(abbr) "Becoming", used in aerodrome (TAF) issues and others. A permanent change in conditions.
(abbr) "Broken", 5 to 7 oktas (eighths) of cloud cover.
(abbr) "Blowing", used in connection with snow, sand etc.
[for the U.K. Met Office only - other services will have different criteria and the definition has changed over time; it has not always been so strictly defined] "The simultaneous occurrence of moderate or heavy snowfall with winds of at least force 7, causing drifting snow and reduction of visibility to 200 m or less". (Moderate snow is said to occur when the visibility is 'substantially' impaired, and the snow cover increases in depth at a rate up to about 4 cm per hour. Heavy snow should reduce the visibility to a 'low value' (in the low hundreds of metres), and the snow cover increases at a rate exceeding 4 cm per hour. )
Large scale obstruction of the normal west to east progression of surface cyclones in the mid-latitudes. The upper flow changes from predominantly zonal (q.v.) to meridional (q.v.). In a 'meridional' block, the upper flow divides upwind of the block and flows around quasi-stationary vortices - one anticyclonic and the other cyclonic. In the 'omega' block case the strongest flow is diverted to lower latitudes, leaving a slow-moving anticyclonic vortex on the poleward flank of the displaced zonal flow.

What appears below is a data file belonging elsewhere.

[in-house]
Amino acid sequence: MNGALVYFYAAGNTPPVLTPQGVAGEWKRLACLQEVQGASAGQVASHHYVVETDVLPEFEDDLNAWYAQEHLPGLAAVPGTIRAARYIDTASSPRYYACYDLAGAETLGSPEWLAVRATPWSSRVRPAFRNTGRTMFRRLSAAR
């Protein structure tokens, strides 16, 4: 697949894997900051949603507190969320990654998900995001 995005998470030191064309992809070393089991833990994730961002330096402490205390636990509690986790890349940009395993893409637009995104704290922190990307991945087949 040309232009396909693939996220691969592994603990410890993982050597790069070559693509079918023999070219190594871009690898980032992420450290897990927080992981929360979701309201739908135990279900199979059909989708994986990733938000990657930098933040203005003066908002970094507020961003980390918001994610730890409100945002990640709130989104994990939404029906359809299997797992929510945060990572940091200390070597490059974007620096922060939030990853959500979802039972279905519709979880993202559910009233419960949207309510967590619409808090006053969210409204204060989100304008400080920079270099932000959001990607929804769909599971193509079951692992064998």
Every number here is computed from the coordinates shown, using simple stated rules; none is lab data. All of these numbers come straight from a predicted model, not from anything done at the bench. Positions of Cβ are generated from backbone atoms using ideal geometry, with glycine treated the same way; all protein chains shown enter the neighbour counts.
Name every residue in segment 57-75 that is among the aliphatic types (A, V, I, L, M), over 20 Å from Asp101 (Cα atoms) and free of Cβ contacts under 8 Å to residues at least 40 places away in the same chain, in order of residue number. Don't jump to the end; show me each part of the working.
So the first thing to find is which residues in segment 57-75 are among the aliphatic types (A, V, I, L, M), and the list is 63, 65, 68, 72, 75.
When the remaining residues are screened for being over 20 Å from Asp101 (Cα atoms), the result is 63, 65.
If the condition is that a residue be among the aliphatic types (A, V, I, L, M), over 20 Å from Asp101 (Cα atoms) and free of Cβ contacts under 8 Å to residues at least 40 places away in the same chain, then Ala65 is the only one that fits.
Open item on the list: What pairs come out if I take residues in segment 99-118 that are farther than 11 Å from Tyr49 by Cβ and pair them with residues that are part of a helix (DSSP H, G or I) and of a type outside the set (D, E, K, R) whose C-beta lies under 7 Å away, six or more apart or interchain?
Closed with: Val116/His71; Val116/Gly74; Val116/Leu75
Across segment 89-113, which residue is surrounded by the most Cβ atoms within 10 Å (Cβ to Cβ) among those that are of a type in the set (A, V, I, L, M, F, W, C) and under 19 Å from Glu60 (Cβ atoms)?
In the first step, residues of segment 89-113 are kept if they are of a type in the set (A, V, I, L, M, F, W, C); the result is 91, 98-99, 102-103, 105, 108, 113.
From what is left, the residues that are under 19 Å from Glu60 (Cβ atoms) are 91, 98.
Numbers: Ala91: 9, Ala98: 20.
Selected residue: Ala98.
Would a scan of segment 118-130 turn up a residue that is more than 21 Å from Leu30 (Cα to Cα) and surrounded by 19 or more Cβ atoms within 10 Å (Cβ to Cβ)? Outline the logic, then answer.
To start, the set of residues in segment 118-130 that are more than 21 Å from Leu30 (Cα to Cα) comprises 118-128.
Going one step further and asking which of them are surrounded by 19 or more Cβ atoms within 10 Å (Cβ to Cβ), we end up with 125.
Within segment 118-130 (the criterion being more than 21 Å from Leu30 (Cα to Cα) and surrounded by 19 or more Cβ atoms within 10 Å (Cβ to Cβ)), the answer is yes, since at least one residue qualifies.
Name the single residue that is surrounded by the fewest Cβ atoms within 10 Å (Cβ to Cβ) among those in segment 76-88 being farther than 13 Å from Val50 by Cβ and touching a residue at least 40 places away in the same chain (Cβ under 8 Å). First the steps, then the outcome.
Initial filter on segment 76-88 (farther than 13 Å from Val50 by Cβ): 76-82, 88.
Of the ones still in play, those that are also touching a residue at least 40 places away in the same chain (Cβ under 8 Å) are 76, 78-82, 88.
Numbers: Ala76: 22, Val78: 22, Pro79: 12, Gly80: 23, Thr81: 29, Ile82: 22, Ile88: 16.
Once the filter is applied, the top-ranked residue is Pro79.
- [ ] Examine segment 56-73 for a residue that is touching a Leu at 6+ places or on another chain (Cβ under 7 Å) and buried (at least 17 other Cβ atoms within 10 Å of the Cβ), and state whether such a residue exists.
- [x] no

Acellular pattern of high pressure in the mid-latitudes, which diverts or prevents the normal west-to-east motion of depressions (areas of low pressure).
A name applied to mid-latitude depressions which deepen violently. The term was coined by Sanders & Gyakum (US Monthly Weather Review), in a 1980 paper dealing with such events, and requires a pressure fall in the depression centre of 24 hPa (or mbar) or more in 24 hours at latitude 60degN for the name to be applied. At latitude 45degN, the required value is 19hPa, and at 55degN, 23hPa. (see Explosive cyclogenesis.)
In operational/synoptic meteorology this is usually taken to be the layer at the bottom of the atmosphere wherein surface friction is important. It can vary in depth from as little as 100 m or less on a still, cold night to upwards of 1 km or more in a windy, well-mixed situation. Also known variously as the 'mixed layer' or 'friction layer' and is a function of wind speed, vertical temperature profile (i.e. stability) and surface roughness. (N.B: micrometeorologists regard the boundary layer as the first few cm of the lower atmosphere and this can lead to confusion when reading some texts. )
Mist (abbr. from French): vis >=1000m and not more than 5000m, where obscuration is caused by water droplets in suspension. Used in aviation reports, forecasts etc.
As snow descends through the melting (or freezing) level, the melting snowflakes 'look like' huge raindrops causing radar reflectance to increase sharply, implying heavier precipitation than is actually occurring. Corrections can be applied, provided the calibration system has some knowledge of the vertical temperature profile. The effect is usually confined to a layer about 1000 ft (300 m) thick.